Want to Get 200K Miles Out of Your Car? Tips to Help
The average driver today estimates that a vehicle should go for more than 200,000 miles before sending it into retirement, according to a new national survey conducted by Kelton Research. With nearly nine in 10 vehicle owners more concerned with engine upkeep than their vehicle’s aesthetics on the inside or outside, car owners are looking for as much longevity out of their vehicle as possible. The survey also finds that 85 percent of drivers are more concerned about the longevity of their vehicles, compared to their homes. With engine health top-of-mind with con- sumers in today’s economic climate, the time to pay extra attention to your vehicle to help keep it running healthy is now. Even though some cars might not run as well as they used to once they reach 75,000 miles, car owners do not begin to consider their vehicle “old” until it hits the 147,000 mile mark. The reality: It’s never too early to take the extra steps to promote long vehicle life. One of the most effective ways to help keep your high- mileage car “running young” is using a high-quality motor oil formulated for that purpose. Quaker State Defy, the motor oil designed to more effectively meet the changing needs of higher mileage engines and help these engines defy time, is formulated to help higher mileage engines fight wear. The technology in new Quaker State Defy mo- tor oil makes it so durable that independent tests prove it can virtually stop future wear in the engine. For more information, visit www.quakerstate.com
. Here are a few additional tips:
Change engine oil frequently Sticking with the topic of motor oil, proper lubrication is tantamount to an engine’s health, so you need to regularly replace your engine oil and oil filter. Frequent oil changes can prevent the buildup of harmful deposits that rob fuel economy and power, as well as make internal components work harder. Keeping your vehicle’s fluids new and clean is priority No. 1 when it comes to making sure your car hangs around for a long while.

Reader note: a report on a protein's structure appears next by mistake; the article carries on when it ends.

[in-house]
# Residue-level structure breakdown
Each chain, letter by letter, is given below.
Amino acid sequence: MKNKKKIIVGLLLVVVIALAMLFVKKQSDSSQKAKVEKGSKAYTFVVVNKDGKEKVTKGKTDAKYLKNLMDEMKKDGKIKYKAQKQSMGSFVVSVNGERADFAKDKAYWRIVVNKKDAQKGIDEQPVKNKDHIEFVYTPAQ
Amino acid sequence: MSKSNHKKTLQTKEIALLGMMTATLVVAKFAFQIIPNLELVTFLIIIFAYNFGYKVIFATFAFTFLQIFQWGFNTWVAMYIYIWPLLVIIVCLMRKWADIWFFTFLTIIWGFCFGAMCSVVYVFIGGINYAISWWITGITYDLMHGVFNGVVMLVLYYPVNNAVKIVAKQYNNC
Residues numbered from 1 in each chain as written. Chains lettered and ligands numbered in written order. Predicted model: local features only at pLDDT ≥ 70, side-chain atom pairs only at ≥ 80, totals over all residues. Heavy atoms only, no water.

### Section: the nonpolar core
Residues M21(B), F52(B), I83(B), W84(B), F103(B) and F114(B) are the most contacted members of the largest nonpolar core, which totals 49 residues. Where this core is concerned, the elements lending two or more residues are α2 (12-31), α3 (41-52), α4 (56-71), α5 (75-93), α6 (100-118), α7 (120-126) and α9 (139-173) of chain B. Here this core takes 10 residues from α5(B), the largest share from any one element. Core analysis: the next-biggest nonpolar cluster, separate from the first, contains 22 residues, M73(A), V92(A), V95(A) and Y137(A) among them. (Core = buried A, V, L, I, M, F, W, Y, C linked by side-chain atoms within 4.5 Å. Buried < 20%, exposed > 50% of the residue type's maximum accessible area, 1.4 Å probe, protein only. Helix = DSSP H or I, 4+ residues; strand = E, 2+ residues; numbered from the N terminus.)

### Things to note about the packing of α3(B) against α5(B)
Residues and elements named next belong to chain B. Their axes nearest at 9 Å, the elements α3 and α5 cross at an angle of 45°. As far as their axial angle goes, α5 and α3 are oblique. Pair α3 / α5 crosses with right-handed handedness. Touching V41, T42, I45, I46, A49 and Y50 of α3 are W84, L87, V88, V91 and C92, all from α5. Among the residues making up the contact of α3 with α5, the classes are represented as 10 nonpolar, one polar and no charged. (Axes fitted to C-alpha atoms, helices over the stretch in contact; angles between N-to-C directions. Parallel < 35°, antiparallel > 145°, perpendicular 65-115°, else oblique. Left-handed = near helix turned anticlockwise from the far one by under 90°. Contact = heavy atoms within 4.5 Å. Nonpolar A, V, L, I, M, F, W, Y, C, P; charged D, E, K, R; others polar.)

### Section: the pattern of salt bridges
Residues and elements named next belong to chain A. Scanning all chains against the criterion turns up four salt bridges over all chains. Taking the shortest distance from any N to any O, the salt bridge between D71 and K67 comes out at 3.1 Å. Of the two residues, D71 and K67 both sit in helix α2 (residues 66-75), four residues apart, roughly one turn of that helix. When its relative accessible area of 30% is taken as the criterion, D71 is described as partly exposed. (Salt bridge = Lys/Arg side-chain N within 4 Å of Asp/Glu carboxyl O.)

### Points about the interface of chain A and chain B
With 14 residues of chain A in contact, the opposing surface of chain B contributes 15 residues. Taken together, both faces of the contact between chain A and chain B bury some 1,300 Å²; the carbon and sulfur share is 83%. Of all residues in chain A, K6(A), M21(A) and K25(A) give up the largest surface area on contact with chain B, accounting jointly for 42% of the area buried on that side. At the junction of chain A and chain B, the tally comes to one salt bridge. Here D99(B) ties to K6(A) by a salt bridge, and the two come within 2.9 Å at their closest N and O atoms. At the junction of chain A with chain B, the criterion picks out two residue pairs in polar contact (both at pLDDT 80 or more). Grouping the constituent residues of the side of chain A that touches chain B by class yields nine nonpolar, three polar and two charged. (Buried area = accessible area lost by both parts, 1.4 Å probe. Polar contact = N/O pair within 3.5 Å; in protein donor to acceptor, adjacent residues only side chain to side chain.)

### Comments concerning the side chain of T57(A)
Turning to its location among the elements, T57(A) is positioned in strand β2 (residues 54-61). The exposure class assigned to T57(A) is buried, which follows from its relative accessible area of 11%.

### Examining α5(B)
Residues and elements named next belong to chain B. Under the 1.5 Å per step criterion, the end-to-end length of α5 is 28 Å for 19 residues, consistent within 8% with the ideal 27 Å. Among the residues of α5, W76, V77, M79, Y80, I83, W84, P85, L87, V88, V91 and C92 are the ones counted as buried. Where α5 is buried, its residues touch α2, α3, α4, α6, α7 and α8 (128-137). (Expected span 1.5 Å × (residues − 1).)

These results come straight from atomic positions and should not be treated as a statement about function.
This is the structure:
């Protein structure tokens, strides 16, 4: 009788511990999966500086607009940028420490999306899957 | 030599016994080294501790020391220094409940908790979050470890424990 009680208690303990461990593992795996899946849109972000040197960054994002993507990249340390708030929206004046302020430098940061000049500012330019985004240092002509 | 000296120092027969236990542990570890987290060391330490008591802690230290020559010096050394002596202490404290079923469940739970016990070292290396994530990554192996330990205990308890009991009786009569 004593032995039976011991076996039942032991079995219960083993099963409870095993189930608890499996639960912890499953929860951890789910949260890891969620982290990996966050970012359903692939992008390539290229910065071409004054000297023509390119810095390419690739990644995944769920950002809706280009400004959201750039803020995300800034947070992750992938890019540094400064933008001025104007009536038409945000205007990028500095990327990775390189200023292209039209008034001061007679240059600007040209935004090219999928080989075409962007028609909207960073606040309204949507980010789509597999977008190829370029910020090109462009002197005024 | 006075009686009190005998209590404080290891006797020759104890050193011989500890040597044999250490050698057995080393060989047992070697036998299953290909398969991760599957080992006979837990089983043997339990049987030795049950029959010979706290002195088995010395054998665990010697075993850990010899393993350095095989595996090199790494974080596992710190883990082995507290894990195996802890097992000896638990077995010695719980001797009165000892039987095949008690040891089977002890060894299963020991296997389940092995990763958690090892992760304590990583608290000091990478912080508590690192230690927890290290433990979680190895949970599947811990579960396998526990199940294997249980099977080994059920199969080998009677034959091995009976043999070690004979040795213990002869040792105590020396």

Follow your vehicle owner’s manual for your recom- mended service intervals.
Check your tires You can improve your gas mileage by up to 3.3 percent
by keeping your tires inflated to the proper pressure. Un- der-inflated tires can lower gas mileage by three tenths of a percent for every 1 pounds per square inch drop in pressure of all four tires. Properly inflated tires are safer and last longer. The proper tire pressure for your vehicle is usually found on a sticker in the driver’s side door jamb or the glove box and in your owner’s manual. Do not use the maximum pres- sure printed on the tire’s sidewall.
Tune it up Fixing a car that is noticeably out of tune or has failed an emissions test can improve its gas mileage by an average of 4 percent, though results vary based on the kind of repair and how well it is done.
Check your air filter
Replacing a clogged air filter on cars with fuel-injected, computer-controlled gasoline engines does not improve fuel economy but it can improve acceleration time by around 6 to 11 percent, accord- ing to a study prepared for the Depart- ment of Energy. This kind of engine is prevalent on most gasoline cars manufac- tured from the early 1980s onward.
- ARA Content
from one meeting to another - the Plantronics Voyager PRO HD offers maximum performance with crystal clear audio quality and extended battery life. The over-the-ear design is perfect for all-day wear so you can spend your day on the road without missing any of your work.
Legislation is getting tougher on mobile phone use, and the penal- ties are pretty steep. For example, the federal law preventing com- mercial drivers from holding mobile phones can result in a $2,750 fine, along with the risk of license revocation. Various states have various laws restricting mobile phone use. Since last July, New York - which restricts drivers from texting and driving - has issued 119,000 tickets to texting drivers. April is Distracted Driving Month, making this a good time to review how hands-free devices on your mobile phone can help you stay more focused on the road in front of you. Visit the Plantronics blog at blogcentral.plantronics.com/distracted-driving
to learn more about how laws are changing to reduce distracted driving events and keep roadways safer.
- ARA Content